Jim Bridenstine became NASA administrator in April 2018. He says that before the space agency can send humans to Mars, it has to get them back to the moon.
July 15, 20194:15 PM ET Heard on All Things Considered
In the past year or so, scientists have discovered more evidence for liquid water under the surface of Mars. They’ve found complex organic compounds — the building blocks of life. And they’ve found that methane levels in Mars’ atmosphere vary with the seasons.
“Each of these things adds up to say that the probability of finding life on a world that’s not our own is going up,” says NASA Administrator Jim Bridenstine. “And Mars, I think, is that best opportunity in our own solar system to find life on another world.”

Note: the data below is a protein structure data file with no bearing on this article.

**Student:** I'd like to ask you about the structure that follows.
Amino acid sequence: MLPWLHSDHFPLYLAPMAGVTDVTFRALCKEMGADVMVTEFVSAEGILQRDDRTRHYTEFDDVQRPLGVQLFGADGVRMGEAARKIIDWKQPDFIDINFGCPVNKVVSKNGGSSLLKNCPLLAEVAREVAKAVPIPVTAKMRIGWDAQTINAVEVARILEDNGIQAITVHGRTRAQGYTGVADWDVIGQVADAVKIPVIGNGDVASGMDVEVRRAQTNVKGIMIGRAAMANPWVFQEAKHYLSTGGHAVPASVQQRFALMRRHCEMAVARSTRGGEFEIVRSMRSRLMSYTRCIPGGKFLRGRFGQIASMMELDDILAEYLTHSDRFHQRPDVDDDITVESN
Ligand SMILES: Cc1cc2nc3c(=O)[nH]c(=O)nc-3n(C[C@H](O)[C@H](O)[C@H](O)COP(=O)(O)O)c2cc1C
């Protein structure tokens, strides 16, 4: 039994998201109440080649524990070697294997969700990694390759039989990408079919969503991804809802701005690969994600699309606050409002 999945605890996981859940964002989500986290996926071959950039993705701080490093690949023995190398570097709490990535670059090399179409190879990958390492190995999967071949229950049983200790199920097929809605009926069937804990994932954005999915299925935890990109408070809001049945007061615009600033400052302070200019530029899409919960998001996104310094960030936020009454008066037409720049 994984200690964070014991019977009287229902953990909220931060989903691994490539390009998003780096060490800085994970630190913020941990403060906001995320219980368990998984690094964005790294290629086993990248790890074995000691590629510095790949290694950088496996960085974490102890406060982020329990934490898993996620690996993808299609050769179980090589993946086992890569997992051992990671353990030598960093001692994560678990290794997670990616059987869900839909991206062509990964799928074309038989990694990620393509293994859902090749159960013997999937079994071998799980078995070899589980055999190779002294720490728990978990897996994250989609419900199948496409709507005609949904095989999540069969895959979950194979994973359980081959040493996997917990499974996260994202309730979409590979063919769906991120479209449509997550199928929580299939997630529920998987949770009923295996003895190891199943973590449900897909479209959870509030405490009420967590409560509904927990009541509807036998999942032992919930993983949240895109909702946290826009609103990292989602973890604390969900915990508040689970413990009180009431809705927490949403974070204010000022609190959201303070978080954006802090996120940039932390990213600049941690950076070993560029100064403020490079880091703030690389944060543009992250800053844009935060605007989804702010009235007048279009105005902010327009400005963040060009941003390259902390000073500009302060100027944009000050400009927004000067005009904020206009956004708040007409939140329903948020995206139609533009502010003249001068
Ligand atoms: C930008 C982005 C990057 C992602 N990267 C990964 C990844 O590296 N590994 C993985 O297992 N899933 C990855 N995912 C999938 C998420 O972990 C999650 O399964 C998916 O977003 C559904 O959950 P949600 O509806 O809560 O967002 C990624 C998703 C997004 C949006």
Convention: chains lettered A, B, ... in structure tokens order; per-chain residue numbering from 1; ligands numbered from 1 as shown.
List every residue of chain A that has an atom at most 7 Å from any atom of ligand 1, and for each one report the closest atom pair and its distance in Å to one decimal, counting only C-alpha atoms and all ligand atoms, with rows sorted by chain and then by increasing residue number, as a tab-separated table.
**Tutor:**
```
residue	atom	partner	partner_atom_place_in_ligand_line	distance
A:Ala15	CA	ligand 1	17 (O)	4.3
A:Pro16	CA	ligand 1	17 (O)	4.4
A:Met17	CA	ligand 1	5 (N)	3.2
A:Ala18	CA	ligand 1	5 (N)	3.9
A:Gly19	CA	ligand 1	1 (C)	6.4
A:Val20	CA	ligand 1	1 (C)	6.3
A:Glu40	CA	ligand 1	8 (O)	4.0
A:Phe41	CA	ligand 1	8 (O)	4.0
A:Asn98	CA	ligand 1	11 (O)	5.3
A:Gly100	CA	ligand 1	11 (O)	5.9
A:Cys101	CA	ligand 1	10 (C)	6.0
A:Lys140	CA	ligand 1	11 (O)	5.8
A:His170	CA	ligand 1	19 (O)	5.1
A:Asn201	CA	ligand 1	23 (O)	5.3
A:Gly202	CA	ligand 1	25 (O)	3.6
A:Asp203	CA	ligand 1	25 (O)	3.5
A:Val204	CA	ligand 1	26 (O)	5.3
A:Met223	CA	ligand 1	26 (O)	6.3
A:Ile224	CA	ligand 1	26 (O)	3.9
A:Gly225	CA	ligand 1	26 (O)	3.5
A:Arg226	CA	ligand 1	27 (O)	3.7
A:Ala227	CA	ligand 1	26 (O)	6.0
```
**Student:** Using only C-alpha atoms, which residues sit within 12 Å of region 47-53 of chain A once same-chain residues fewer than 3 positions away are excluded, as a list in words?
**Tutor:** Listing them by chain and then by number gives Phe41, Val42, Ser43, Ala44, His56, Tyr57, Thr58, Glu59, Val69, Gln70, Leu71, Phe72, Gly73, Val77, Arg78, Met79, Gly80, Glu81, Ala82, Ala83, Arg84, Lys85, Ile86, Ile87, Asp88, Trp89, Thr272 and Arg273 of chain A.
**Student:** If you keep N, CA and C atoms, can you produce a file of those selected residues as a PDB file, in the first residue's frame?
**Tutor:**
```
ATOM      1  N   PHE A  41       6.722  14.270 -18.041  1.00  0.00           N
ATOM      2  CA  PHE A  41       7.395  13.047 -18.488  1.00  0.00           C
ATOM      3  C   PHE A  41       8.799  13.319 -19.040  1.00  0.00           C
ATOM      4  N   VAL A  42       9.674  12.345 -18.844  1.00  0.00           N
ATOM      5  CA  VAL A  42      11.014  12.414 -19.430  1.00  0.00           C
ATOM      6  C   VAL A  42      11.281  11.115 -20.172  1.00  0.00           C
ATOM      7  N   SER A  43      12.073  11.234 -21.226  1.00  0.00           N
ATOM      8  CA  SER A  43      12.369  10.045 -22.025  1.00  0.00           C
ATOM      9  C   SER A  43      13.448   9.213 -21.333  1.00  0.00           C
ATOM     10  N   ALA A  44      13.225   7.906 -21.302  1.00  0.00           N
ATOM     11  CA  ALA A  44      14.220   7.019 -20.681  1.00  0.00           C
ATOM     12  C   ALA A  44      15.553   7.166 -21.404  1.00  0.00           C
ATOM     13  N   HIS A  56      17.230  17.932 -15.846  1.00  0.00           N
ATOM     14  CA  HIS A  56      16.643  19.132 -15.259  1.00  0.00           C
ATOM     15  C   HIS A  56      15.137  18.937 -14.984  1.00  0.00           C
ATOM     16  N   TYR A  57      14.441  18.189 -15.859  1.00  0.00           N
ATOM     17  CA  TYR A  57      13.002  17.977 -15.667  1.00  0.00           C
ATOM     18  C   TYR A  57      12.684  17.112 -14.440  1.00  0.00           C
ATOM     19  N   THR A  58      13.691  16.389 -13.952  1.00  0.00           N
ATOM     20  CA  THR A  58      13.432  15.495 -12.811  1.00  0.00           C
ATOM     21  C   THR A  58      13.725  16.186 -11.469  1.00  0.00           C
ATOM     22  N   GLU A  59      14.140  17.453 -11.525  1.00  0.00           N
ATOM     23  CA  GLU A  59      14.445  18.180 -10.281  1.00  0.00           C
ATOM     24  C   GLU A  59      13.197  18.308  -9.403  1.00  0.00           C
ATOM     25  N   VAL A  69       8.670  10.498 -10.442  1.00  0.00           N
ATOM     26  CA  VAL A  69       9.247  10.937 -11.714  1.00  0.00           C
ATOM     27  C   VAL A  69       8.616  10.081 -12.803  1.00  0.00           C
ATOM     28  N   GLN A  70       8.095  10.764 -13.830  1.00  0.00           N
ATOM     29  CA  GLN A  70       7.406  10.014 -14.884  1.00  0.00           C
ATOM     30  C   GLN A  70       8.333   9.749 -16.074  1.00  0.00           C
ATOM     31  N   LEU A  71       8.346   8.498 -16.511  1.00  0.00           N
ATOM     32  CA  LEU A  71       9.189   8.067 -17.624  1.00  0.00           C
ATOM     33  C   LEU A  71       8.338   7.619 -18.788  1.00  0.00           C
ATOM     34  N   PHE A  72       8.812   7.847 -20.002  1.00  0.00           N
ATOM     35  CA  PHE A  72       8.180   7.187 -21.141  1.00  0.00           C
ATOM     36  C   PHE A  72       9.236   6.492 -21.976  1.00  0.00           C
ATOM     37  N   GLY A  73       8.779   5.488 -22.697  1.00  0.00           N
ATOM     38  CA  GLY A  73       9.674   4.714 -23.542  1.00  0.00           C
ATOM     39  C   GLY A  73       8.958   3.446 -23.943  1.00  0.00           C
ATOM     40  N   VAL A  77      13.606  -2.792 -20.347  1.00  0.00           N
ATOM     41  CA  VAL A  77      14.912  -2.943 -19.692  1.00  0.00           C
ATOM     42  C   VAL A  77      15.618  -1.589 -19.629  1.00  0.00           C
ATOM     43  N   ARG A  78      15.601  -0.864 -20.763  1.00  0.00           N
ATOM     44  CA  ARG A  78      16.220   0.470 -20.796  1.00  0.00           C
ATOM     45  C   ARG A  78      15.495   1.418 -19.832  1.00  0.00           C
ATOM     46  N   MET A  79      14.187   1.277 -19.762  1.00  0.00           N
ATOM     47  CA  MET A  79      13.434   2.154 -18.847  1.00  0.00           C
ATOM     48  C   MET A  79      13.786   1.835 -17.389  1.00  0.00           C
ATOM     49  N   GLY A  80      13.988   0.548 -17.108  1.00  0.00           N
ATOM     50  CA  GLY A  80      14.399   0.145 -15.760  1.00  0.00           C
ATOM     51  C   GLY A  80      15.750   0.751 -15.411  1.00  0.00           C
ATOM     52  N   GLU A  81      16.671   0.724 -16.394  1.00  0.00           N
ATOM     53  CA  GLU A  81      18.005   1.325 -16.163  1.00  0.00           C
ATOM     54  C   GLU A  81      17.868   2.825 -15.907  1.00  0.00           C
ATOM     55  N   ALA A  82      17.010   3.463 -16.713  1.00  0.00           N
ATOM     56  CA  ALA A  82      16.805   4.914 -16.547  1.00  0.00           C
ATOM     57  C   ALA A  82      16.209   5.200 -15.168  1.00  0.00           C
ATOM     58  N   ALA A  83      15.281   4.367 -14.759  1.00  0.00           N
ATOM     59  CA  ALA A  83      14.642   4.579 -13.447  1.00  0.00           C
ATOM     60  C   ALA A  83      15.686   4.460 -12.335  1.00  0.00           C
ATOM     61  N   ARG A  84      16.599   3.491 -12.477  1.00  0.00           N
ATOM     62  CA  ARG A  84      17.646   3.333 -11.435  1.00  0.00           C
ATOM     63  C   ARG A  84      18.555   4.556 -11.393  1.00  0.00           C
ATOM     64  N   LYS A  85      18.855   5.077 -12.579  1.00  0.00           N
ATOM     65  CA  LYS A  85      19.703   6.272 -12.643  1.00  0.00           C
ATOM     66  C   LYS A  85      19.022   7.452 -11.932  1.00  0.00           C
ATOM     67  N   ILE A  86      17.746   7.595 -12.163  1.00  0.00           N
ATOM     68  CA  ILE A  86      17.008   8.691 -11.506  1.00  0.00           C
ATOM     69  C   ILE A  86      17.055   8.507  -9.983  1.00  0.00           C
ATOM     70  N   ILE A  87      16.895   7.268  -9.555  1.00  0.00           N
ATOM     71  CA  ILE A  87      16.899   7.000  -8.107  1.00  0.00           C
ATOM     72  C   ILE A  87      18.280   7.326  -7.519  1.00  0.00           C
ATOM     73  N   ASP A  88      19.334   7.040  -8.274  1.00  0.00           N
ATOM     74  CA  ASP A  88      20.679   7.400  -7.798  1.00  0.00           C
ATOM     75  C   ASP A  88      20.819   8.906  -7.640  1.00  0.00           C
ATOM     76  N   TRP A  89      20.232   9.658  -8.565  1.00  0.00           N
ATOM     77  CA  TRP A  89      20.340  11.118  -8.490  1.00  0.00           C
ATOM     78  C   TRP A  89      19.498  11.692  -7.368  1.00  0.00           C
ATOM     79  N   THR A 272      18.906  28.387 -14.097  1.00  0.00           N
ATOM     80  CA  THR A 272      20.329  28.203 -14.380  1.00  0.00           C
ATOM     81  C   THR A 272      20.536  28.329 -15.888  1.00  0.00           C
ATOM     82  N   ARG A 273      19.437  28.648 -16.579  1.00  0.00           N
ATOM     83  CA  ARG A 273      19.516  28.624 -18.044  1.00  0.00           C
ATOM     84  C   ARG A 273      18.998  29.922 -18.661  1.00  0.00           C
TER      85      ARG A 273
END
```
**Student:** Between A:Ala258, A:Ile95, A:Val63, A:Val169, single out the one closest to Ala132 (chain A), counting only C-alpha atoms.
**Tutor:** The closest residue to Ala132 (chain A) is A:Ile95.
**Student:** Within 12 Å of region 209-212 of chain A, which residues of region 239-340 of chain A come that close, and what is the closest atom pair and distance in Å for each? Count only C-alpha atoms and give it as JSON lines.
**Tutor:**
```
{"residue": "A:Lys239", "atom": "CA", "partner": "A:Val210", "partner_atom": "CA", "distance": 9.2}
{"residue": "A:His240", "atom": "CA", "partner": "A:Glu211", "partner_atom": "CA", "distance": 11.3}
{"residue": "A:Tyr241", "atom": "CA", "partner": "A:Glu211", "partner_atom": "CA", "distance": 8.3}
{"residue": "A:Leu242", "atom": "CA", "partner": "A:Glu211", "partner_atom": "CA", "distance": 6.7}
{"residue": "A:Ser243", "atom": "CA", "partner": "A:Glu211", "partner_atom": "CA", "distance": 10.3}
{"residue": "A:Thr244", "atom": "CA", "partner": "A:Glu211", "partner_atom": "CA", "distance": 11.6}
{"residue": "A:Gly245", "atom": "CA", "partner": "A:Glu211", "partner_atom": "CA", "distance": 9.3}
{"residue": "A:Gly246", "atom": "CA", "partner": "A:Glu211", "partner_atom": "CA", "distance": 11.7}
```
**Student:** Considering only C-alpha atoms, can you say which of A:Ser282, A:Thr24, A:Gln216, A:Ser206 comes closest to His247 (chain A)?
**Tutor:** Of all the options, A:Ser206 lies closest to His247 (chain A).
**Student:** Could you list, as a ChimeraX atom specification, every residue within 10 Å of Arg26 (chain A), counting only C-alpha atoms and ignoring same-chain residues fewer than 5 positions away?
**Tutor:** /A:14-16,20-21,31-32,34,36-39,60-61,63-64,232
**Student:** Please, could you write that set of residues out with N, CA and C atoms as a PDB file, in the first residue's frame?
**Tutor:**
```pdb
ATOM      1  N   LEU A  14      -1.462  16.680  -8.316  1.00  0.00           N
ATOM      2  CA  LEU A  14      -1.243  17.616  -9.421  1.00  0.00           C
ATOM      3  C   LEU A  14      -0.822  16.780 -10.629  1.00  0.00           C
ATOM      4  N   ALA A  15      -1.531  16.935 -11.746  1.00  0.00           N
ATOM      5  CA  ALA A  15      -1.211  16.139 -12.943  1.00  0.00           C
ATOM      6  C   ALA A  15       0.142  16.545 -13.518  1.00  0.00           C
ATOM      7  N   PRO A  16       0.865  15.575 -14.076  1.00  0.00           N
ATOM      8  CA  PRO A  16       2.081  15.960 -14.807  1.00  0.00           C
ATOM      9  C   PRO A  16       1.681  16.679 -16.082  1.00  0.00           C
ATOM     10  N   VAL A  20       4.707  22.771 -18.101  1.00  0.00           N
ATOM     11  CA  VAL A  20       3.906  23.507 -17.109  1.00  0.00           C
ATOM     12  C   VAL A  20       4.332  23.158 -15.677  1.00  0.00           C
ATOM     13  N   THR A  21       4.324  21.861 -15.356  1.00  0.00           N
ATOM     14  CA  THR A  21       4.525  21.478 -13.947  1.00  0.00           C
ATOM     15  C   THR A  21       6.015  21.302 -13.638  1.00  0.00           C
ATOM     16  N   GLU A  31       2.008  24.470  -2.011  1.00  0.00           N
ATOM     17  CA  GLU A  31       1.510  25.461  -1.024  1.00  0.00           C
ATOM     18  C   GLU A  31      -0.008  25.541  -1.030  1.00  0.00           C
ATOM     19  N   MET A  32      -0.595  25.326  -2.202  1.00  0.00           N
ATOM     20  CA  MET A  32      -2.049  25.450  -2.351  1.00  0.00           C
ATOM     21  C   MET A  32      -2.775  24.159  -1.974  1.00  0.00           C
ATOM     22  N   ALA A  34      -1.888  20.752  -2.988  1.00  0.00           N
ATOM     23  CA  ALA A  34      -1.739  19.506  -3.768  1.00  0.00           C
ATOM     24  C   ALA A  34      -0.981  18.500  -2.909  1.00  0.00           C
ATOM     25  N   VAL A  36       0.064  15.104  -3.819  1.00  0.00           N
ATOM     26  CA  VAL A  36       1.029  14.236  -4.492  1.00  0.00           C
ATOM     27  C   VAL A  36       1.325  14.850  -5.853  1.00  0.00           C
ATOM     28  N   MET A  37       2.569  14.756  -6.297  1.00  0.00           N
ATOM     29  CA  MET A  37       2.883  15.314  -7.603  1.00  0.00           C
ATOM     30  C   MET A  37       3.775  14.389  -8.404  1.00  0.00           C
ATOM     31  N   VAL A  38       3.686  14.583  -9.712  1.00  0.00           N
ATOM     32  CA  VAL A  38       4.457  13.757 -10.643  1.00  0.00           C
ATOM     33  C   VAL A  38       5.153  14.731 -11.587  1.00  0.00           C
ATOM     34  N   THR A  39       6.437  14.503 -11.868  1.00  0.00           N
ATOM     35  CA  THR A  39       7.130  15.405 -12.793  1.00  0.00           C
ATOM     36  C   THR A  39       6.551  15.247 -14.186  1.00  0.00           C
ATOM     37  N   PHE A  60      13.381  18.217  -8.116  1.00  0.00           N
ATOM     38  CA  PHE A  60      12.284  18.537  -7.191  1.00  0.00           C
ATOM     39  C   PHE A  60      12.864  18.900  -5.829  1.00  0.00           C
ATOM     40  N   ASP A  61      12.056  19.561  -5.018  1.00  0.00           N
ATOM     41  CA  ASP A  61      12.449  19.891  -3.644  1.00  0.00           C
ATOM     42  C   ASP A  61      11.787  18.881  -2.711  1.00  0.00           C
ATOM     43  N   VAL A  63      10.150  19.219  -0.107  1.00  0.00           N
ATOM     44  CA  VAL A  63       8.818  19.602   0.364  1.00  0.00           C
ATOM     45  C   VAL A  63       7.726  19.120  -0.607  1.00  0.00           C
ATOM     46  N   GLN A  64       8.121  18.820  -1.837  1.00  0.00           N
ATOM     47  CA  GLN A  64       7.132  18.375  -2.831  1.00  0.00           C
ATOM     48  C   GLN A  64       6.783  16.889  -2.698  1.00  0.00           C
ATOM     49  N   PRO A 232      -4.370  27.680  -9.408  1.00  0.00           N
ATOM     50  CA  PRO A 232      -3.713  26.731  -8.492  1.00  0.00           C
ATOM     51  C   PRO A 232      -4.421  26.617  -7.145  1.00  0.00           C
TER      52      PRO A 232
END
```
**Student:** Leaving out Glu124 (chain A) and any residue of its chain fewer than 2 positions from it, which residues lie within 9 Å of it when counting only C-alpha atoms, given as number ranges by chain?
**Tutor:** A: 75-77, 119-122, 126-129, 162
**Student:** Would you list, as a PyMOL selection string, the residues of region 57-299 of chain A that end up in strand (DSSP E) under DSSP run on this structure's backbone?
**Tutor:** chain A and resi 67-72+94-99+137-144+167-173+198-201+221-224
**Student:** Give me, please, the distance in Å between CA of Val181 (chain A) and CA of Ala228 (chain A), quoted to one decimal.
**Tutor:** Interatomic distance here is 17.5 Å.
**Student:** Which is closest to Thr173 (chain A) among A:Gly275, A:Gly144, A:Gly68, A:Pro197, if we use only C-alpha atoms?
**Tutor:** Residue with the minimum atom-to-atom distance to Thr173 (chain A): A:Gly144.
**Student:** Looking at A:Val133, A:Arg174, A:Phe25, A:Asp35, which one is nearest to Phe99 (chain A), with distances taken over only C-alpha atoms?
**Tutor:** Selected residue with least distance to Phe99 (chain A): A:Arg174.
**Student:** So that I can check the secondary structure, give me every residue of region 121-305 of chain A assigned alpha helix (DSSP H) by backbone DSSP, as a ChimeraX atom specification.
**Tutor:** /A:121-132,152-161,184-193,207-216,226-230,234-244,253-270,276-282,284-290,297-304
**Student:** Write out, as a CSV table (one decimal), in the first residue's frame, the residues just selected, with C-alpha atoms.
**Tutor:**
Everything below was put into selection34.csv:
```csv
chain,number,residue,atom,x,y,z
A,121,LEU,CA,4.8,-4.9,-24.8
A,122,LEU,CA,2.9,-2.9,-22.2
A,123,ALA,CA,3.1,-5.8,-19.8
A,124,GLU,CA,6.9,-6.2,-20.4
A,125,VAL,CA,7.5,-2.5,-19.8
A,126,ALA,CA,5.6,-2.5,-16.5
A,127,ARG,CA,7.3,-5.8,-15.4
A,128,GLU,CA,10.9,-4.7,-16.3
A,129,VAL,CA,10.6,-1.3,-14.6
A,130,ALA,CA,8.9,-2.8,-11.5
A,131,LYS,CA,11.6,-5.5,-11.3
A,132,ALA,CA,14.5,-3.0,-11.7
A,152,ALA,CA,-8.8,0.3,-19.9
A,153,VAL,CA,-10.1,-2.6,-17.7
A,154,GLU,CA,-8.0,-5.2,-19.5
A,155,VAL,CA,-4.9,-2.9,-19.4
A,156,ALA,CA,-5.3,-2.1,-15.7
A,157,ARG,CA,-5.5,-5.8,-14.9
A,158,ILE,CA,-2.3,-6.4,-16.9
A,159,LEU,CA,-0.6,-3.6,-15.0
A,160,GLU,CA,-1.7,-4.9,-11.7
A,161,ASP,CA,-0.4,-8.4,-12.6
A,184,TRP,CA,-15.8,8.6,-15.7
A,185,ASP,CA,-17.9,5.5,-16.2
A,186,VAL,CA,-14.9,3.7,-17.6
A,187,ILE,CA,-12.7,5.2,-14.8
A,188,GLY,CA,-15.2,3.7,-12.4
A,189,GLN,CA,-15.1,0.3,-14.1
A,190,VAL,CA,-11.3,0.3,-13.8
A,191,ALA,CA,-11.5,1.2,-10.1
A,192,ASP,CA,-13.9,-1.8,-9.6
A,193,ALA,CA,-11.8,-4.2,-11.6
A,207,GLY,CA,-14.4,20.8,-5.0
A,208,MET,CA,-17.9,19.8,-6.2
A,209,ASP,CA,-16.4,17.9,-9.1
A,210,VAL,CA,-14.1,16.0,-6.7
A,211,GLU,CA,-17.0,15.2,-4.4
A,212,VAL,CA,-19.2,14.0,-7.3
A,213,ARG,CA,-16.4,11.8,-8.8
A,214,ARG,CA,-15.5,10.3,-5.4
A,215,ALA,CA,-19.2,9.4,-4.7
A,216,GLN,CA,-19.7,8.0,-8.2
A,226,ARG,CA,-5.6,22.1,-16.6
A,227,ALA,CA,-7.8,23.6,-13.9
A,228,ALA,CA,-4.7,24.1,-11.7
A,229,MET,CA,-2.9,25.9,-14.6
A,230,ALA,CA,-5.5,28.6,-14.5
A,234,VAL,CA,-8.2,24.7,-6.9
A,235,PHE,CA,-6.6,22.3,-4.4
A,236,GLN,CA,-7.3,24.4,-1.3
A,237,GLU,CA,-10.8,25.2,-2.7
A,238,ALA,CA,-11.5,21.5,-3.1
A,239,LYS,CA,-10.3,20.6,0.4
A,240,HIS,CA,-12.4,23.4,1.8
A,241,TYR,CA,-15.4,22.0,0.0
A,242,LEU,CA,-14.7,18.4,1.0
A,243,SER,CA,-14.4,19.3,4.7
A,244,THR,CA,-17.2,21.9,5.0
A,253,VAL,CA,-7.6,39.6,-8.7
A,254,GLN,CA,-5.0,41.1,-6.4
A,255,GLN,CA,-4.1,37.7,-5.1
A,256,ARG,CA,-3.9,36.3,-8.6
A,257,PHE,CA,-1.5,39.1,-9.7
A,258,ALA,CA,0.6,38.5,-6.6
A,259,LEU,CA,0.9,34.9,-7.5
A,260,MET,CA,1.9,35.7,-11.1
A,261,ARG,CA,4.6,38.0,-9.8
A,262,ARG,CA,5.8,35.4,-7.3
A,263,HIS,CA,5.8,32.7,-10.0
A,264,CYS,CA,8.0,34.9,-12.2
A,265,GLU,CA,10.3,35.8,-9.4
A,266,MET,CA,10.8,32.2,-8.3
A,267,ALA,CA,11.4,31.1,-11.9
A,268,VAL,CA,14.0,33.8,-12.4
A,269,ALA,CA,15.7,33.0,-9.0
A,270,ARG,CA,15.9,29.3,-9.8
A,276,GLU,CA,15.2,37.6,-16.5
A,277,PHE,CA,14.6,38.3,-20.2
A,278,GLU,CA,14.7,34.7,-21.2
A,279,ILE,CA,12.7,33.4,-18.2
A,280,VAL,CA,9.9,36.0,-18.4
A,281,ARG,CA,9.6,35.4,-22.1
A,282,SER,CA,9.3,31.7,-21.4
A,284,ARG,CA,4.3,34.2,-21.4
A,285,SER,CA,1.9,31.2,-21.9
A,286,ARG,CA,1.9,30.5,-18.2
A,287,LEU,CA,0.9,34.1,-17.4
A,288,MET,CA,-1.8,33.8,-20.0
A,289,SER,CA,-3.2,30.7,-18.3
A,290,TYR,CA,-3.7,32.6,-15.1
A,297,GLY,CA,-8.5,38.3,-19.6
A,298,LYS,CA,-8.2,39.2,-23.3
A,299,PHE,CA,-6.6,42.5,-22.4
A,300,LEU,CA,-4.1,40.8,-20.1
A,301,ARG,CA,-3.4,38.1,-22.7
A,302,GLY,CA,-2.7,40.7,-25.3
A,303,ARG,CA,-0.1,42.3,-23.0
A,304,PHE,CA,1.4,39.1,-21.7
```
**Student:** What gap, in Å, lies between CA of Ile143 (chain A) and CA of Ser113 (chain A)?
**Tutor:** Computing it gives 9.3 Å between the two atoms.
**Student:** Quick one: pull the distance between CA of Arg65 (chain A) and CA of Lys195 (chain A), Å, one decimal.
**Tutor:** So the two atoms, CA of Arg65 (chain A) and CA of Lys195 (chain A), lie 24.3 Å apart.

The former Republican congressman from Oklahoma became the head of NASA in April 2018. Since then, he has had a lot to do to get ready for the 50th anniversary of the Apollo 11 moon landing, but he’s making sure the agency continues to look forward for its next mission: a crewed mission to Mars.
But before humans can go to Mars, they have to get back to the moon.
“It just so happens that the moon is a proving ground, so we can go to the moon and we can learn how to live and work on another world,” says Bridenstine. “How do we retire the risk? Prove the technology and then take all of that to Mars.”